Progressive Web Apps: Ticket to the Future of Apps
In 2015, Google Chrome engineer Alex Russell and designer Frances Berriman devised the term "Progressive Web Apps" to describe a new generation of apps that leverage modern features supported by recent browsers. This includes Service Workers and Web Manifests that enable users to upgrade web apps to first-class apps in their native OS
Progressive Web Apps are experiences that bring the best of both worlds - the capabilities of the web and the power of apps. They are beneficial to users from the very first visit in a browser tab, and don’t require any downloads or installation. Users can progressively build a relationship with the app over a period of time and it becomes more useful and powerful with time. Progressive web apps have quick loading times even over flaky networks. They are accessible from an icon on the home screen and load as a top-level, full-screen experience.
But what does a Progressive Web App mean?
A Progressive Web App is one that is:
- Progressive: This means it works for every user no matter what the browser because progressive enhancement is a core tenet.
- Responsive: It fits any form factor from desktop to mobile tablet, and whatever technology enables browsing. Connectivity independent: Enhanced with service workers to work offline or on poor quality networks.
- App-like: Experience like an app, because the app shell model separates the application functionality from application content.
- Fresh: Continuously updated and fresh because of the service worker update process.
- Safe: Secure owing to HTTPS that prevents against snooping and content tampering.
- Discoverable: Is clearly recognized as an "application" thanks to W3C manifest and service worker registration scope, allowing search engines to find it.
- Re-engageable: You can send push notifications to re-engaged users.
- Installable: Lets users add apps they find most relevant to their home screen without the need to access an app store.
- Linkable: Allows easy sharing of the app via URL. It doesn’t require installation or download.
Why Progressive Web Apps?
Research shows that an app loses 20% of its users for every step between the user’s first contact with the app and the user starting to use the app (on an average). Consider the typical steps in the user journey: discovering the app in the app store, downloading it, installing it and getting on board. The beauty of progressive web apps is that the user can start enjoying it immediately eliminating the rest of the stages. A progressive web application uses the best of mobile app’s characteristics, leading to increased user retention and performance without the hassle of maintaining mobile apps.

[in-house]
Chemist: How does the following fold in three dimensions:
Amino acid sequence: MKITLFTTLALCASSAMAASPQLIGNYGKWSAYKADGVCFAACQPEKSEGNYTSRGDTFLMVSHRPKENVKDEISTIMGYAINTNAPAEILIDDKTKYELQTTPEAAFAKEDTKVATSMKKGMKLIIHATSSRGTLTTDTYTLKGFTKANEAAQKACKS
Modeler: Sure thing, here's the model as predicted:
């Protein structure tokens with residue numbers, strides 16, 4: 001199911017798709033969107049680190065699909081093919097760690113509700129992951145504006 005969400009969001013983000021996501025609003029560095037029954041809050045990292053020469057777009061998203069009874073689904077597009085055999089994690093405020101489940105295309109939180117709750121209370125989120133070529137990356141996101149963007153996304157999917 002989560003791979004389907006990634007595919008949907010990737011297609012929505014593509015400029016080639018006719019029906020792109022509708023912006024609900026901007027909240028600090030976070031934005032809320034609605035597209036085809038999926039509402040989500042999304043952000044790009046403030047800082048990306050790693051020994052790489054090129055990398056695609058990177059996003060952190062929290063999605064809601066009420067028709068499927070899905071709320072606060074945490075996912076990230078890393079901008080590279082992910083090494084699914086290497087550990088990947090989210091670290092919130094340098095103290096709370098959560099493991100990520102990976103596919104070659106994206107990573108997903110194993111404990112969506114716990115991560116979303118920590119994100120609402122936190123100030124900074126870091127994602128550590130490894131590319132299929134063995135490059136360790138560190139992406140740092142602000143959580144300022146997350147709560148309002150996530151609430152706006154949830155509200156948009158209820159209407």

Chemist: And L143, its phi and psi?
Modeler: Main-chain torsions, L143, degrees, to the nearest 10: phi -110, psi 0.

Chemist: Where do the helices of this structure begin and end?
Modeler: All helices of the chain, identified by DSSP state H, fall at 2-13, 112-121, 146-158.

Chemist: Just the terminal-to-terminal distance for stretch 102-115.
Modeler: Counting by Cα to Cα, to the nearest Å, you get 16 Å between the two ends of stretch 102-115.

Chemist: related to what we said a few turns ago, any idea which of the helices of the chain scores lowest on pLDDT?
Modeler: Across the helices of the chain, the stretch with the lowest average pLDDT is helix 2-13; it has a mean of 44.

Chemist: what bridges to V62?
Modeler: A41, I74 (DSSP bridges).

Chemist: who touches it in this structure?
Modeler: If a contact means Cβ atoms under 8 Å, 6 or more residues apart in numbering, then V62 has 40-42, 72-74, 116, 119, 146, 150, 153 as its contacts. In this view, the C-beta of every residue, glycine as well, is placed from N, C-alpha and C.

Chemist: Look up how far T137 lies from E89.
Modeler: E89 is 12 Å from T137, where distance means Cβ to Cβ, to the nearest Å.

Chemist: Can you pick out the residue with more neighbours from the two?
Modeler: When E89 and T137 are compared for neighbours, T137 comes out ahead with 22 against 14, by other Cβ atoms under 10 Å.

Use cases: What are some use cases to consider PWA? Native apps are usually recommended for apps that one expects users to return to frequently and a progressive web app delivers on this front. Twitter mobile, Washington Post PWA, Flipboard, FT PWA, 2048 puzzle are well-known examples of progressive web apps.
To decide whether your next app should be a cross platform app, a native app or a progressive web app, you must first identify your users and their most important user actions. Since it is “progressive” it works in all browsers and provides new and enhanced experiences when the browser is updated with improved features and APIs.
If you choose to opt for PWA, then you may have to decide what functionality to offer offline and facilitate the navigation (since there is no back button in standalone mode). PWA works out very well if your website already has an application like interface.
PWA and Cross Platform Technology: PhoneGap recently announced the intention to create compatibility between Apache Cordova and Progressive Web Apps in 2017. This will enable developers to create a PWA app, deploy it on the web, and also compile it for App Store distribution. Developers of PhoneGap are excited with the new possibilities this opens up for them.
Another possibility is to create a mobile lite version wrapped in a native application using any of the several cross platform frameworks like Cordova, React Native etc. This can create an optimal mobile experience across all three platforms –mobile web, iOS native and Android native.
It is evident that PWA are here to stay and will be adopted widely in the future. They will not replace native or hybrid apps, but provide a creative solution in use cases where you want to bypass app fatigue and where the web-based experience pushes traffic to devices that support more advanced features. For example, AliExpress increased conversion rates for new users by 104%. United eXtra Electronics saw 4x increase in re-engagement and 100% more sales from users arriving via web push. Have you built or used Progressive Web Apps? Please share your experience in the comments section below.
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